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Publication numberUS5486692 A
Publication typeGrant
Application numberUS 08/325,770
Publication dateJan 23, 1996
Filing dateOct 19, 1994
Priority dateOct 19, 1994
Fee statusLapsed
Also published asDE19538013A1
Publication number08325770, 325770, US 5486692 A, US 5486692A, US-A-5486692, US5486692 A, US5486692A
InventorsLeo B. Baldwin
Original AssigneeEmhart Glass Machinery Investments Inc.
Export CitationBiBTeX, EndNote, RefMan
External Links: USPTO, USPTO Assignment, Espacenet
Glassware inspection machine comprising diffused light sources and two-dimensional cameras
US 5486692 A
Abstract
An inspection machine for inspecting a vertically standing container comprising a conveyor for horizontally displacing a vertically standing glass container through spaced inspection locations, a first pair of diffused light sources located behind the conveyor for forwardly directing angularly related beams of light substantially horizontally at a container located at one of the inspection locations, the beams being sufficiently large so that the light beams will pass around the entire profile of a container located at the first inspection location, a first two dimensional camera having an imaging surface on the other side of the conveyor, and first means for redirecting the forwardly directed beams to corresponding halves of the imaging surface, a second pair of diffused light sources located in front of the conveyor for rearwardly directing angularly related beams of light substantially horizontally at a container located at the other one of the inspection locations, the beams being sufficiently large so that the light beams will pass around the entire profile of a container located at the other inspection location, a second two dimensional camera having an imaging surface on the side of the conveyor opposite to the second pair of diffused light sources, second means for redirecting the rearwardly directed light beams to corresponding halves of the imaging surface of the second two dimensional camera, and means for analyzing the sidewall image in each half of each image sensor.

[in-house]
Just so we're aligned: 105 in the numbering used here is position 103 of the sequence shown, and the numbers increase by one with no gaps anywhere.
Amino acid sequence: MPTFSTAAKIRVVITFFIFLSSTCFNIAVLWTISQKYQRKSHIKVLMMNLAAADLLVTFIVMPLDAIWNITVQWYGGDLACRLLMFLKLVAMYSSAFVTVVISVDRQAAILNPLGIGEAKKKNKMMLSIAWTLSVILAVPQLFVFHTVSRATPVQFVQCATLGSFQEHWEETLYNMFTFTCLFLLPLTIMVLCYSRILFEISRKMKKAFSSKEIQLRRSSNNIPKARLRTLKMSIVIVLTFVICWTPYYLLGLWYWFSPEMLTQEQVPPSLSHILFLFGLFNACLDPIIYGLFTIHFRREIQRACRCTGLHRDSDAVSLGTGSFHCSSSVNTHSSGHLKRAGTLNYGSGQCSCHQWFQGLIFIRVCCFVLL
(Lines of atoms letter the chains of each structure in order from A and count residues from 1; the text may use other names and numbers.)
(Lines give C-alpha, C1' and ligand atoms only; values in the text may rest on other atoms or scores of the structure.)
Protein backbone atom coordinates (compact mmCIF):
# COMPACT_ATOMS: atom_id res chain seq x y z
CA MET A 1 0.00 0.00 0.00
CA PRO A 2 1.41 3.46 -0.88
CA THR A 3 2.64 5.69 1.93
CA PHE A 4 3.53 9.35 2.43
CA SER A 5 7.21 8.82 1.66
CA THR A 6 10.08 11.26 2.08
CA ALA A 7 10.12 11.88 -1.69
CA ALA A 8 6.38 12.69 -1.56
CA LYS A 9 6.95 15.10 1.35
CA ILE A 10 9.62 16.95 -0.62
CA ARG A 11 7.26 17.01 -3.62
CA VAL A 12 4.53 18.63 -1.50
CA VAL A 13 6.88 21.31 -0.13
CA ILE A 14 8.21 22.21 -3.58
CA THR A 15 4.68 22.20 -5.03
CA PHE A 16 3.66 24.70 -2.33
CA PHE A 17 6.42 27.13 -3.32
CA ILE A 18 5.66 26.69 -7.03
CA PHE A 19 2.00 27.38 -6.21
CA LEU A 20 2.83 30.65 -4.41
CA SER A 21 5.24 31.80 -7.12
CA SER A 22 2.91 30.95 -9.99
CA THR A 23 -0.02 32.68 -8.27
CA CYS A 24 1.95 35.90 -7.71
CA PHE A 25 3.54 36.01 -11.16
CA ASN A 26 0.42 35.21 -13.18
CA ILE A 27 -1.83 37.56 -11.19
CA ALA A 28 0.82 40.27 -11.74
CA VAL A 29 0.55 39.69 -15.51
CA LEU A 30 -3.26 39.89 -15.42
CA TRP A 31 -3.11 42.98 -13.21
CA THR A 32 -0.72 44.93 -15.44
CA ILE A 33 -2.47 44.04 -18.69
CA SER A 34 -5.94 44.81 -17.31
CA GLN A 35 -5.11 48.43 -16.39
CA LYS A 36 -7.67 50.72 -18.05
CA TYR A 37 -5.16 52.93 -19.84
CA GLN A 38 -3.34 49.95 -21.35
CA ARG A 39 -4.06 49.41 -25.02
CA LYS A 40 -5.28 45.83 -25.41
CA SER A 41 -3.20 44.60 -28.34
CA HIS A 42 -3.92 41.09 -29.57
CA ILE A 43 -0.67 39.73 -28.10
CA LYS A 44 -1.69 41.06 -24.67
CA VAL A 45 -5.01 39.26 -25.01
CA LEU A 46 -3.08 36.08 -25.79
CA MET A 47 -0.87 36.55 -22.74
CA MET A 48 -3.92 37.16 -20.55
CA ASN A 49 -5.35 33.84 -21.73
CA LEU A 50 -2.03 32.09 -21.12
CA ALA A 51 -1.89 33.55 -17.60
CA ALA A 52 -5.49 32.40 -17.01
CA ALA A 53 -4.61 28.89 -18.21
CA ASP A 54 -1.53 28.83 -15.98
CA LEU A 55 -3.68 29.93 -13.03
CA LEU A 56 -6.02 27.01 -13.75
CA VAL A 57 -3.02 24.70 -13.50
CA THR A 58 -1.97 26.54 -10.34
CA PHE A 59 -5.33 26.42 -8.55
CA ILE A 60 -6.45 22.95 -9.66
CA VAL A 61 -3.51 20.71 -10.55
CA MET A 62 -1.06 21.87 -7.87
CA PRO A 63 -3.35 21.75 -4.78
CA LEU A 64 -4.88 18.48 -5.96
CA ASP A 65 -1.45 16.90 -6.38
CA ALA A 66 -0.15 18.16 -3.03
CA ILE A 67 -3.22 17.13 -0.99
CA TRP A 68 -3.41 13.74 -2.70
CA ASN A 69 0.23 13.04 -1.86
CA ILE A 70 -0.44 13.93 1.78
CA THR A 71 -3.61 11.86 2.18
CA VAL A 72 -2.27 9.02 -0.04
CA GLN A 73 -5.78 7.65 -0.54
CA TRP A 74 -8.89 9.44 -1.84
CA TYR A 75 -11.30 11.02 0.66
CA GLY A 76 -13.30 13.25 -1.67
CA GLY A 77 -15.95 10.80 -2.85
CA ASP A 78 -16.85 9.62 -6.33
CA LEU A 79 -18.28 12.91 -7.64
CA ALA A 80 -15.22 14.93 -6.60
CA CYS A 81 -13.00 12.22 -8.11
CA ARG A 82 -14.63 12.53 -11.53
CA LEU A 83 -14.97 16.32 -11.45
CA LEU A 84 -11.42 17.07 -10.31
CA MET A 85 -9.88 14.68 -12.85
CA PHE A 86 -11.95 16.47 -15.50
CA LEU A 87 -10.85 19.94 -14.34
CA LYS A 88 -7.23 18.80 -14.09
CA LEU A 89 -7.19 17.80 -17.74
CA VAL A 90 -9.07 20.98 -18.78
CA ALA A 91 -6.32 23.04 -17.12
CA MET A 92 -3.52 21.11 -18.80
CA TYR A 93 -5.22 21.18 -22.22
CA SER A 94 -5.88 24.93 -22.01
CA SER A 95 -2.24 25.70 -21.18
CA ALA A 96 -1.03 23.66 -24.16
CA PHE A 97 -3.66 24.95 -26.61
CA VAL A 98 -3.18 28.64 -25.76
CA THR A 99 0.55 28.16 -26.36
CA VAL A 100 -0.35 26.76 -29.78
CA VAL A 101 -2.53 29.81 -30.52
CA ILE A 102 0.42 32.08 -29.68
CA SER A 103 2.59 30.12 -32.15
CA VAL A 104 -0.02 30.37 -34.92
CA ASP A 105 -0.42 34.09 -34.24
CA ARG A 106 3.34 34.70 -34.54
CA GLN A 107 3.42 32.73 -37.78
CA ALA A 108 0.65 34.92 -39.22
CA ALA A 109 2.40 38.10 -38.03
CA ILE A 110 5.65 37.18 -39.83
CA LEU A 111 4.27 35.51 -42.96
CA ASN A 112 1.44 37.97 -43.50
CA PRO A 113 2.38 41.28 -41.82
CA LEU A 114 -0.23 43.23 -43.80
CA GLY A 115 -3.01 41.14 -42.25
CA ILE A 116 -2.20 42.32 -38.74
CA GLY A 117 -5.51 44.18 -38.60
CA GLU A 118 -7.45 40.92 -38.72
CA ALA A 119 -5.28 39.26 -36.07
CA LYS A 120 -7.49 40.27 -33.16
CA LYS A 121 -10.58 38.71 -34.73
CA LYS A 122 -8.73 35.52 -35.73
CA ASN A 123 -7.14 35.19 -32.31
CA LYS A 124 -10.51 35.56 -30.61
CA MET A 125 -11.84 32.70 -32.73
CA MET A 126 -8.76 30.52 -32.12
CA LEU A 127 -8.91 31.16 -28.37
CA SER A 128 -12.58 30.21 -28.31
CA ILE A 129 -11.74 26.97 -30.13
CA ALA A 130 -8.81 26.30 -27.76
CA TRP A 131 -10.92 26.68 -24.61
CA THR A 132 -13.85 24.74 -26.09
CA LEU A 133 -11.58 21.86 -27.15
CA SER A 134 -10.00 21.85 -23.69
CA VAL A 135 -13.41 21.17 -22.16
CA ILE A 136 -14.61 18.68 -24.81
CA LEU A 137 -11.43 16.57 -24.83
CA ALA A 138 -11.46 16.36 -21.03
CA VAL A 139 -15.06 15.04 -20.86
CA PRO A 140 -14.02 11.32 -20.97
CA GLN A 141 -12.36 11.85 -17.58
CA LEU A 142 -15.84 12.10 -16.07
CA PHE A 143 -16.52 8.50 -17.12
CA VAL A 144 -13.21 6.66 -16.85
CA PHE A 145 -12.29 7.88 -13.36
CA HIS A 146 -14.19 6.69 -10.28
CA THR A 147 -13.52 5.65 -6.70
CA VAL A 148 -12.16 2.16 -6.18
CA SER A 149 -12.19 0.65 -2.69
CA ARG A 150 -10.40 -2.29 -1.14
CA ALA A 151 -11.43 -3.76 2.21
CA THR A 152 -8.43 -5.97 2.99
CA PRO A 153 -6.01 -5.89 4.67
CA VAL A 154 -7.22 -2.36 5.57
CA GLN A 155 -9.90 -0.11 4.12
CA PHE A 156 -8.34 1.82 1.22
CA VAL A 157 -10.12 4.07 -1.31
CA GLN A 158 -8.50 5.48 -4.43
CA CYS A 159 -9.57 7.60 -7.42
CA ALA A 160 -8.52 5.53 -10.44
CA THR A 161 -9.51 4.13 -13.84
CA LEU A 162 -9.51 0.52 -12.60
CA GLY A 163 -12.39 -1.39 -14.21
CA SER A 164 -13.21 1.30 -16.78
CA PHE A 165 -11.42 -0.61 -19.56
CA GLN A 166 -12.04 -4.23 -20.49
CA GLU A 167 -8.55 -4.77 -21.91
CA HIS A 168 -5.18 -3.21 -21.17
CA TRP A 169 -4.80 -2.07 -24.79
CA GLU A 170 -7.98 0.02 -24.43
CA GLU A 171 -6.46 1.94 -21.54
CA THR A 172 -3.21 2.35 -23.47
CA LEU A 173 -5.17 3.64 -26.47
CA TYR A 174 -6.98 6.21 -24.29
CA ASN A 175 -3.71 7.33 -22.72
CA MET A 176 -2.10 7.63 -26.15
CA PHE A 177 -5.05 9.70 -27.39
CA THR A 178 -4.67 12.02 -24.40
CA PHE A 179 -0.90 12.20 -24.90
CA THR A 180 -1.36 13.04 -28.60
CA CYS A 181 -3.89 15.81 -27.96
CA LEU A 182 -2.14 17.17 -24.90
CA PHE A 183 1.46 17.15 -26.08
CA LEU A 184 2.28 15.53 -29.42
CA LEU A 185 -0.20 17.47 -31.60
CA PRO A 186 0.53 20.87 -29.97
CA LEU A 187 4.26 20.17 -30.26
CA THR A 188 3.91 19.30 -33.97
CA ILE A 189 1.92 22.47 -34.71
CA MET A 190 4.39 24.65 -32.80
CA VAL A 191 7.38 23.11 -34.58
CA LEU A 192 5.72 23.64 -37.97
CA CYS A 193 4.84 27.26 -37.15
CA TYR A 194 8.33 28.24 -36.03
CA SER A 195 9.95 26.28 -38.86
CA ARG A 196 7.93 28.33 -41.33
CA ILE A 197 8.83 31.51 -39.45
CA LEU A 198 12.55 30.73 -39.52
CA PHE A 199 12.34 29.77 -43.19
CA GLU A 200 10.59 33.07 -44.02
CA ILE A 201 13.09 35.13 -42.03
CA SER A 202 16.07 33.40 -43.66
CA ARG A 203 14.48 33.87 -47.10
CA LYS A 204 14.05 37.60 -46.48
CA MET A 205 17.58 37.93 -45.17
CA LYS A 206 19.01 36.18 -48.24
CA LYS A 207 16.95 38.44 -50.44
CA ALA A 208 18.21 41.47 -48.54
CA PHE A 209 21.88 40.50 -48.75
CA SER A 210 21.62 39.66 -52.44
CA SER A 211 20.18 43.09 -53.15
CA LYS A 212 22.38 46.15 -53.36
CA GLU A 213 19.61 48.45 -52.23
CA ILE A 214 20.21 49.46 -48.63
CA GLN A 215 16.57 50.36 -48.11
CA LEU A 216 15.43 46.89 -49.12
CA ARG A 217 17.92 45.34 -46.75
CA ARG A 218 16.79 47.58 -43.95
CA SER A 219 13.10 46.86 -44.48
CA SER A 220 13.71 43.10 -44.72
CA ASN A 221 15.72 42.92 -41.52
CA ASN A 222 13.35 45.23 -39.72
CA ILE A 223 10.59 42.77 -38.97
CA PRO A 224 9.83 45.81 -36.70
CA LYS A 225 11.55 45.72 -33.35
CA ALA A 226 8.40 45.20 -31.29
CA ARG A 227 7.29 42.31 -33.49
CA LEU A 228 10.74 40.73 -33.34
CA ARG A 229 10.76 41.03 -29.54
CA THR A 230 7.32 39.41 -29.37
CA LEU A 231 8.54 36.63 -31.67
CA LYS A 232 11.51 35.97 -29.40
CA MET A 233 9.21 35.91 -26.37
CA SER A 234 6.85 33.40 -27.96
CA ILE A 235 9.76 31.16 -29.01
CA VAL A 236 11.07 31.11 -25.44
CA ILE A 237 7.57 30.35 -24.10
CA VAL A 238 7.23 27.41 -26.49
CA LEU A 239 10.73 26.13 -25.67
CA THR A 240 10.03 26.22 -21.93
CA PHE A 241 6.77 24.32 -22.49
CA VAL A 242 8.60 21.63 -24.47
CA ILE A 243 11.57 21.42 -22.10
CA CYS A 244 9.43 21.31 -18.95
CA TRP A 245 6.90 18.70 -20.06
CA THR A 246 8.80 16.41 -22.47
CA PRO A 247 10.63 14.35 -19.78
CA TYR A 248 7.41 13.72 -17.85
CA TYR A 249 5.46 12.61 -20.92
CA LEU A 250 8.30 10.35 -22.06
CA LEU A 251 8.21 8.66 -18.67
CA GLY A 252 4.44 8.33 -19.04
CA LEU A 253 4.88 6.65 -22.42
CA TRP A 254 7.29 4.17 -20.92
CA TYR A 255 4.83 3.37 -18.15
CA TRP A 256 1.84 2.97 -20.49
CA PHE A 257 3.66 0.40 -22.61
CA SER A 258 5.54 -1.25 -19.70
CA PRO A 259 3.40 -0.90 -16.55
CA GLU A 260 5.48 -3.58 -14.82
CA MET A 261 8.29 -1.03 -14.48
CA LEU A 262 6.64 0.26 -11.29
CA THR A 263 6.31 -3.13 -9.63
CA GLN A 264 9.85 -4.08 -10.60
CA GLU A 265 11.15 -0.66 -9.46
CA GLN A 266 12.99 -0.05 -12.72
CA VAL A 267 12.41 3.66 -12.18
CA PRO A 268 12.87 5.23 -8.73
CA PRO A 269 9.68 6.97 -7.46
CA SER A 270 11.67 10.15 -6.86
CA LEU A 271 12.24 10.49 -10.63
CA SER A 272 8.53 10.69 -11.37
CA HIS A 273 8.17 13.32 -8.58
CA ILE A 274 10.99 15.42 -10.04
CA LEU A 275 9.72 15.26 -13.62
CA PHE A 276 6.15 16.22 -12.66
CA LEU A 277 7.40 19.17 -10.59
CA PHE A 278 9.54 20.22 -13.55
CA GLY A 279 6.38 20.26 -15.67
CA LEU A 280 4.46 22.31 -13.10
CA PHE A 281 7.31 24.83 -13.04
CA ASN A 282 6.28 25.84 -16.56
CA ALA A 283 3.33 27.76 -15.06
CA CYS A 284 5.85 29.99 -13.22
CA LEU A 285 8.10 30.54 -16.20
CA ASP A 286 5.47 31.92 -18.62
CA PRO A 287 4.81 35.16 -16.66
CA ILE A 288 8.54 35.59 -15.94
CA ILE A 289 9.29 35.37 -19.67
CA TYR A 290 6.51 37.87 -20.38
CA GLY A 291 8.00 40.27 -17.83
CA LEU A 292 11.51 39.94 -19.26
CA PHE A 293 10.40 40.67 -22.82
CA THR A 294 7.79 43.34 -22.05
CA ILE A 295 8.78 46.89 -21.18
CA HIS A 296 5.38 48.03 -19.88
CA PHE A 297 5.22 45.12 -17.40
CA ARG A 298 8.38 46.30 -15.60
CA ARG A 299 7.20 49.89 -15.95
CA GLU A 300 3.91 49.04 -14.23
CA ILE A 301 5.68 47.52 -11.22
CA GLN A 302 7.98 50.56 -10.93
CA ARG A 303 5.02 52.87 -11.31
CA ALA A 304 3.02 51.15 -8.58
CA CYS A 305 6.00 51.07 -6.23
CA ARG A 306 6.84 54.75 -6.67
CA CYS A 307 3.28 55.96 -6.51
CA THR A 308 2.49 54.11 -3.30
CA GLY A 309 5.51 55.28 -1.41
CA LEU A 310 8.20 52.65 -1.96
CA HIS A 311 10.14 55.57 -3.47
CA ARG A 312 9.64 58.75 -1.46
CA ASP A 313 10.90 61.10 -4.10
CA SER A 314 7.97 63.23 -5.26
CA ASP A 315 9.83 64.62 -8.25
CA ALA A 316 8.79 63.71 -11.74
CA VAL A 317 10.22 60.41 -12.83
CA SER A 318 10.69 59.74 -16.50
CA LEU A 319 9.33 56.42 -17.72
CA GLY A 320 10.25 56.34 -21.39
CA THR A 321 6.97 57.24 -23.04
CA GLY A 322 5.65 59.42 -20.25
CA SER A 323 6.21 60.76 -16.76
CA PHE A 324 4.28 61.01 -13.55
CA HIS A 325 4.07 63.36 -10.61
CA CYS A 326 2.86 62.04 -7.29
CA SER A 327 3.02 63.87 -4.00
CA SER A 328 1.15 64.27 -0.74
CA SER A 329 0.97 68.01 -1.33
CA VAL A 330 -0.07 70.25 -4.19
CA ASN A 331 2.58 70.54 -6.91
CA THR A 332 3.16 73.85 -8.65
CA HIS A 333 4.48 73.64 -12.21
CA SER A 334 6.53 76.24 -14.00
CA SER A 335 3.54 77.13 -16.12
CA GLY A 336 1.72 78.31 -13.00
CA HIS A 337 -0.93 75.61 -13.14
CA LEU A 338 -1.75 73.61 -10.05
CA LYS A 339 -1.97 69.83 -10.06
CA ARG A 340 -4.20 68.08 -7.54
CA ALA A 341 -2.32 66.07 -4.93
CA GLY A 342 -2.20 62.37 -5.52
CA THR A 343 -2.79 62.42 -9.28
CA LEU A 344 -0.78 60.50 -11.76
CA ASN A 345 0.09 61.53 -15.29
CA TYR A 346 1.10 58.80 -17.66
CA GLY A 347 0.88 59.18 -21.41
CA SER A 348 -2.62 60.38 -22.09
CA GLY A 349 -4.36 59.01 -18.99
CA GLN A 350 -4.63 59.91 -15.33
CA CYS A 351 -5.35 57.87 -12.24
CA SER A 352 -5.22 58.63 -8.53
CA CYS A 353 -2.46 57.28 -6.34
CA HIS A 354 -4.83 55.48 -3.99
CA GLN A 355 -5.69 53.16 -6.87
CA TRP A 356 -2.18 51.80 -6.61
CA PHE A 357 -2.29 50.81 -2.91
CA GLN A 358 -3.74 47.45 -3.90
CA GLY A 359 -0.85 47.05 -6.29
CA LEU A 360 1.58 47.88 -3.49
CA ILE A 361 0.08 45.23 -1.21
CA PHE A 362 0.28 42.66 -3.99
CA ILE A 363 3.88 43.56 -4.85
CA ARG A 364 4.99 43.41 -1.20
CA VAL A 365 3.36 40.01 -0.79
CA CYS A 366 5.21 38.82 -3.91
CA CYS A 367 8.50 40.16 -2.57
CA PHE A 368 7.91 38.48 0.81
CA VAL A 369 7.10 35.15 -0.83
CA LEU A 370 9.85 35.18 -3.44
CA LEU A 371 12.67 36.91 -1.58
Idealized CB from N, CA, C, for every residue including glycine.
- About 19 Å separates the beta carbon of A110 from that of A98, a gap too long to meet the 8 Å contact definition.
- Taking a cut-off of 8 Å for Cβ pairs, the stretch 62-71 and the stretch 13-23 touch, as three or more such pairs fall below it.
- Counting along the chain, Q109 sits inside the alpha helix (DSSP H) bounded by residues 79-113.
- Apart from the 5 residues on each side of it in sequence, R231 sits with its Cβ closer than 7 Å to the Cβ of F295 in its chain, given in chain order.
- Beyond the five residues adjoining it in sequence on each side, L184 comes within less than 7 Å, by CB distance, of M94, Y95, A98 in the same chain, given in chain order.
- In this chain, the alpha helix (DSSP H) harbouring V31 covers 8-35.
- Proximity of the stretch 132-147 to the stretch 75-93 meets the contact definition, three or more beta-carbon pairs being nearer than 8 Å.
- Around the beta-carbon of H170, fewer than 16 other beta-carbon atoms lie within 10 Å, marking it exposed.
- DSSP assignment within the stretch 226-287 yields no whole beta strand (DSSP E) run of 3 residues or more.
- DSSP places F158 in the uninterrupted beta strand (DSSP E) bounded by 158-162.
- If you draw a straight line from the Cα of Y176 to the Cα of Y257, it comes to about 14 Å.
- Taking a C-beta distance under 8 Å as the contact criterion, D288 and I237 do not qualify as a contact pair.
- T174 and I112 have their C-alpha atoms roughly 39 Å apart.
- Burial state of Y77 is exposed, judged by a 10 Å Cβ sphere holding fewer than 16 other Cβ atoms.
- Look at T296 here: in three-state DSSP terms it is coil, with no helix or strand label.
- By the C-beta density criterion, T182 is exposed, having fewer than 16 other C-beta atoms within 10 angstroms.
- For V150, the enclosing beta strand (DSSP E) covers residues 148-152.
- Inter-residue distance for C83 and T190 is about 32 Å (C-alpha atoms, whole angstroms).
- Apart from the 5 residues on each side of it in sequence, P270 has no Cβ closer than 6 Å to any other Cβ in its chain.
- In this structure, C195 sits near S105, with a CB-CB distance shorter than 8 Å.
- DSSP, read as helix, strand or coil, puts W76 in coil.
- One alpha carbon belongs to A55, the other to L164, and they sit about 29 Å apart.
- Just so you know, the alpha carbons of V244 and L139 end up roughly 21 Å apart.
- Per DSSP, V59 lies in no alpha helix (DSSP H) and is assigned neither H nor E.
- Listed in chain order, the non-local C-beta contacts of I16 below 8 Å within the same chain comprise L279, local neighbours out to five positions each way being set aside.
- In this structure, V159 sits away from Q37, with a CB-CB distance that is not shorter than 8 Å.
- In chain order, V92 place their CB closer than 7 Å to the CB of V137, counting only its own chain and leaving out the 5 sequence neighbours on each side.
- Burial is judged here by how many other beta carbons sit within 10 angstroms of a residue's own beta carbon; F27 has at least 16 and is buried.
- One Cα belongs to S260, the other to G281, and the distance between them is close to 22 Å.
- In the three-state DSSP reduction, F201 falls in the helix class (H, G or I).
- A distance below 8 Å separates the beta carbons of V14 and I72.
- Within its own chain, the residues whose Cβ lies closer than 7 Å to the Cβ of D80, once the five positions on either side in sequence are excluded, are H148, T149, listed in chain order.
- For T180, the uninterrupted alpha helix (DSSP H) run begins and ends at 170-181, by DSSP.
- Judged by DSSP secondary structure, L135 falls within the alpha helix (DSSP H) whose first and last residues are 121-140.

Images(2)